Marasmus develops from an extreme deficiency in energy intake and protein. Nutritional marasmus leads to a severe loss of muscle and fat. Individuals develop kwashiorkor as a result of consuming a restrictive diet based mainly on carbohydrates. Kwashiorkor presents with specific symptoms. (4) These symptoms of protein deficiency include:

  • Under pigmented hair
  • Thinning hair
  • Hair loss
  • Swelling and fluid retention in limbs (edema)
  • Stunted growth
  • Behavioral and mental changes
  • Skin irritation, rashes, flaky skin, and peeling
  • Swollen abdomen
  • Enlarged liver
  • Muscle wasting or muscle loss
  • Abnormal blood tests revealing anemia, low globulin, or low albumin

If your intake of protein is too low but not low enough to be diagnosed with kwashiorkor or marasmus, you may still experience symptoms and health problems. Getting insufficient amounts of protein and essential amino acids may cause you to experience:

  • Brain fog
  • Mood shifts
  • Tiredness
  • Weakness
  • Slow recovery after workouts
  • Difficulty building muscle mass
  • Injuries that heal slowly
  • Getting sick frequently
  • Brittle nails

Are You Getting Enough Protein? What You Should Know

Protein is one of the main macronutrients that we obtain from food. However, not all dietary sources of protein are the same, and not all sources of protein offer optimal ratios of essential amino acids.

Recommended Protein Intake

In general, the average adult needs about 0.8 grams of protein for each kilogram of body weight, which converts to about 0.36 grams of protein per pound of body weight. This means that if you weigh 150 pounds, you need approximately 54 grams of protein on a daily basis.

However, protein intake extends beyond quantity. The quality of the protein you consume is even more important than the amount of protein you consume.

The Protein Digestibility-Corrected Amino Acid Score

The protein digestibility-corrected amino acid score (PDCAAS) assesses the completeness of a food’s essential amino acid composition and evaluates how well a protein source can be utilized by humans. Scoring typically ranges from zero (worst protein score) to 1 or 100% (best protein score). (5)

The importance of evaluating protein quality over the amount of protein consumed is demonstrated by science. For example, in a study conducted at the Friedman School of Nutrition Science and Policy at Tufts University in Boston, Massachusetts, researchers assessed data from 116 countries evaluating stunted growth, protein malnutrition, protein consumption, and adjusted protein quality with PDCAAS. (6) Results revealed that protein quality is a better predictor of risk for protein malnutrition than protein quantity. (6)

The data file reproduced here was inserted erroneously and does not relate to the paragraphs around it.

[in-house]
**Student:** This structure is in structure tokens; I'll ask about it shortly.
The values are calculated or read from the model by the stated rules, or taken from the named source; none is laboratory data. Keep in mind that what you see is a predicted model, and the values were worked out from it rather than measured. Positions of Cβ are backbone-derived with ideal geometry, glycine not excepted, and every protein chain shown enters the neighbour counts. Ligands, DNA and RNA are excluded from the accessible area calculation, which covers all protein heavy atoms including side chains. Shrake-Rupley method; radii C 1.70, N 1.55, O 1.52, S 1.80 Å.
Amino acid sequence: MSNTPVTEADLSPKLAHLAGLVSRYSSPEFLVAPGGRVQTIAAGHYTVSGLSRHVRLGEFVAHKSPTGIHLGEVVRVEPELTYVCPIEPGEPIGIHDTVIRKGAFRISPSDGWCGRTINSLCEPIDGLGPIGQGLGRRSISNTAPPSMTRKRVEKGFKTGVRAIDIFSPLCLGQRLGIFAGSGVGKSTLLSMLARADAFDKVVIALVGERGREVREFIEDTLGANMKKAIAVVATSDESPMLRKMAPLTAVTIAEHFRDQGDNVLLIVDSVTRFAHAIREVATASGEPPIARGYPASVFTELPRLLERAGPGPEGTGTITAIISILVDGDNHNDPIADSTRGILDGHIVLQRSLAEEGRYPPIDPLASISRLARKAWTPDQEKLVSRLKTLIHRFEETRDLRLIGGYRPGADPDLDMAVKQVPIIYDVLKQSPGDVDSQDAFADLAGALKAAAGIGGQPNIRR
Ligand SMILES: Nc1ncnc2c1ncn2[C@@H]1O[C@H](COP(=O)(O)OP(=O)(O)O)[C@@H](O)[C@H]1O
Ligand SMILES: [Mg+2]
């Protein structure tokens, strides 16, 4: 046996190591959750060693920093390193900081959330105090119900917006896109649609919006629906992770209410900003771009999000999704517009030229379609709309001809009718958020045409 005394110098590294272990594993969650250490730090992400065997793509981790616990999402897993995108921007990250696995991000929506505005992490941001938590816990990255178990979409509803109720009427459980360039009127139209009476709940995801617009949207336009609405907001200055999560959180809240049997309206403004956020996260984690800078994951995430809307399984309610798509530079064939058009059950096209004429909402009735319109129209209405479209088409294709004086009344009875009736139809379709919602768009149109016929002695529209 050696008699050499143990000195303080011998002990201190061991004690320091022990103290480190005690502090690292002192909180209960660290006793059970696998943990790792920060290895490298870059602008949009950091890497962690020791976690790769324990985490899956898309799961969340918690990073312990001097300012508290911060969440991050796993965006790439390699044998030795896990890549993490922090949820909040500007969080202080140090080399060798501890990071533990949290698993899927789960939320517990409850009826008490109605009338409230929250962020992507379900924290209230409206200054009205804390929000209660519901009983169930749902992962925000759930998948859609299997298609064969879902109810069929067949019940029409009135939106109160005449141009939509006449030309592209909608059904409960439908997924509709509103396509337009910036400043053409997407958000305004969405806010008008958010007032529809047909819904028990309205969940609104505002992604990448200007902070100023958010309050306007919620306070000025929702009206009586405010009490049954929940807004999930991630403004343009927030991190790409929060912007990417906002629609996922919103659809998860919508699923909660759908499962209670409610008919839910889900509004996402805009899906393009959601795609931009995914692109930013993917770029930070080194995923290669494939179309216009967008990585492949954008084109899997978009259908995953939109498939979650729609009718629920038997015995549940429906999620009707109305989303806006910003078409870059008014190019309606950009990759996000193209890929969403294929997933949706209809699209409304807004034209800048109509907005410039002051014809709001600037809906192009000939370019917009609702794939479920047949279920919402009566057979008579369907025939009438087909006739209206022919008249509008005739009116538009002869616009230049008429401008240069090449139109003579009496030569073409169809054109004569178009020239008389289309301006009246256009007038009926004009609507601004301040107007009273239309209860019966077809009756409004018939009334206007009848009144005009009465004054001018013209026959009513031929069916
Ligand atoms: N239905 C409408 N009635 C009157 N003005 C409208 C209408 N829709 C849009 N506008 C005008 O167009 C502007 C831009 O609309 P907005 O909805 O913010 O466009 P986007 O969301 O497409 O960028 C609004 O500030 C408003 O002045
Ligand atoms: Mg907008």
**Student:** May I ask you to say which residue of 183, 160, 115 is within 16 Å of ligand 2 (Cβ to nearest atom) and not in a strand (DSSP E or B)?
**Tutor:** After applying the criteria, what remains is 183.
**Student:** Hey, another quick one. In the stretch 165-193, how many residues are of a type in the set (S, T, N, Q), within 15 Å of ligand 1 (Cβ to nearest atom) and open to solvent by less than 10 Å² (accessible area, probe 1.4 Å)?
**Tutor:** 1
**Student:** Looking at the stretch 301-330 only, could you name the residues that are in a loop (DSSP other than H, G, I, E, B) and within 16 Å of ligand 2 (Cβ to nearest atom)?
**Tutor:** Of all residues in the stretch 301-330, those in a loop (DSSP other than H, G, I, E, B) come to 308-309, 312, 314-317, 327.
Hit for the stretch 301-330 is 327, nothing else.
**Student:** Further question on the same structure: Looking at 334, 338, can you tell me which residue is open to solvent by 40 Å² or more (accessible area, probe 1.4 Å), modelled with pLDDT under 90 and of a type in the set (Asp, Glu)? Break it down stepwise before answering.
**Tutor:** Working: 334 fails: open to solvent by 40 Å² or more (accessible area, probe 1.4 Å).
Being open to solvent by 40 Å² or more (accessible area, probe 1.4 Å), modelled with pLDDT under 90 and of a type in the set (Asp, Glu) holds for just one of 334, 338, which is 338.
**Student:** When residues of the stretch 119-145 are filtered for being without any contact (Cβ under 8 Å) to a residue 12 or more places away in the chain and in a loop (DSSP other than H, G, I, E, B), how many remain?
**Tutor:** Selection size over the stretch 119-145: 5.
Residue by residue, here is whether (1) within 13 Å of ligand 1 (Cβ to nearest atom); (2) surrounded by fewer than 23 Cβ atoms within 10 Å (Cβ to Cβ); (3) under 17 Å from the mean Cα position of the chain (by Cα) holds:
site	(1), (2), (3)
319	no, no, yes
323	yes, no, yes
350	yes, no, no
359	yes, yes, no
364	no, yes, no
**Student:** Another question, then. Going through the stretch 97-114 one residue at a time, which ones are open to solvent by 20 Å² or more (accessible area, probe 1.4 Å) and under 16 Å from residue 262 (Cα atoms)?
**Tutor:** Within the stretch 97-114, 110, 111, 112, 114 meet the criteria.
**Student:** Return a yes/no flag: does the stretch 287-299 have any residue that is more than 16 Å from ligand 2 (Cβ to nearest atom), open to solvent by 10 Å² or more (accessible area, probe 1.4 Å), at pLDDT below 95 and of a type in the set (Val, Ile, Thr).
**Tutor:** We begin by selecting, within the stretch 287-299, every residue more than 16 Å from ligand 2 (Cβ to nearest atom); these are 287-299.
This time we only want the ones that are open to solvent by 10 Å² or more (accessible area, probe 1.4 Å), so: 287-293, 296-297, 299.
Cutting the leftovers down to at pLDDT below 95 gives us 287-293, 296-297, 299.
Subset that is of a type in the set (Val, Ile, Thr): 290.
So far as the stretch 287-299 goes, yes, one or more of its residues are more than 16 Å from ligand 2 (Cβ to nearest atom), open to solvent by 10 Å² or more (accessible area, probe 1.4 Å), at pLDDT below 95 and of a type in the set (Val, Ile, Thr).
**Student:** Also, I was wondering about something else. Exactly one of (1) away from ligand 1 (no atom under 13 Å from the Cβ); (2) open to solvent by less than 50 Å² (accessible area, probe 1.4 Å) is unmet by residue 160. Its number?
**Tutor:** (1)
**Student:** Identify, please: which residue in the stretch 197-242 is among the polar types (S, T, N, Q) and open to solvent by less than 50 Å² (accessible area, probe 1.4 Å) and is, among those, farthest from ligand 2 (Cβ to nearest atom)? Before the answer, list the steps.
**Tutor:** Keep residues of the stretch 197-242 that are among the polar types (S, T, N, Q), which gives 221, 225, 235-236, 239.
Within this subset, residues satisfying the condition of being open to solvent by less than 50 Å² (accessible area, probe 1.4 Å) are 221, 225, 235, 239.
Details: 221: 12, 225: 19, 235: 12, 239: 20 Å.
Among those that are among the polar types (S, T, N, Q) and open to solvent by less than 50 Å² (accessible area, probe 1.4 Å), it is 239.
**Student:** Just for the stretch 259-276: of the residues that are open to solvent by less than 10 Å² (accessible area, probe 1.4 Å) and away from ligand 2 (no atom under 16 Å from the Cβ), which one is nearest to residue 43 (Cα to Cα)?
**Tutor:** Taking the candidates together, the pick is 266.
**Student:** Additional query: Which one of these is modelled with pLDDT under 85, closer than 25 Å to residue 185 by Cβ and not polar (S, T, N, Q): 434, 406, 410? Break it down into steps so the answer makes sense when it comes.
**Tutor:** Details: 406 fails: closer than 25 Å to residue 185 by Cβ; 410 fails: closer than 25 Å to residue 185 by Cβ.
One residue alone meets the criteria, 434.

The Scoop on Animal Protein vs. Plant Protein

High-quality sources of dietary protein offer optimal ratios of essential amino acids. All animal proteins have a PDCAAS of 1 or 100%.  Lean meat and dairy products like chicken breast, turkey breast, low-fat cheese, and nonfat yogurt are excellent sources of high-quality protein. Fish also offers optimal ratios of essential amino acids as well as anti-inflammatory omega-3 fatty acids.

Essential amino acids can also be obtained from plant proteins. However, unlike animal proteins, vegetable proteins do not offer optimal ratios of essential amino acids in a single source and the PDCAAS of plant proteins are below 1, or less than 100%. As a result, it’s important to combine vegetable proteins throughout the day, especially if you’re following a primarily plant-based diet. Excellent sources of plant proteins to incorporate into your diet include whole grains, nuts, seeds, beans, and tofu.

Supplementing Is Helpful

Supplementation is a very effective method to ensure that you’re getting optimal ratios of essential amino acids on a daily basis. A high-quality essential amino acid powder is a great product to incorporate into your routine on a daily basis. Essential amino acid powder can be mixed into your favorite beverages, such as water, coffee, and smoothies. Other protein powders containing whey protein or casein protein can also be useful for ensuring that you’re getting the protein you need.

Meal Ideas and Tips for Getting Optimal Ratios of Essential Amino Acids

Inadequate protein intake has serious repercussions for your health. So how can you make sure you’re getting the protein you need? Here are some helpful tips and meal ideas.

1. Having High Protein Meal Ideas on Hand

Keep high protein meal ideas on hand to help ensure that you’re preparing protein-rich meals that are good for your liver.

Veggie Chili with Beans and Tofu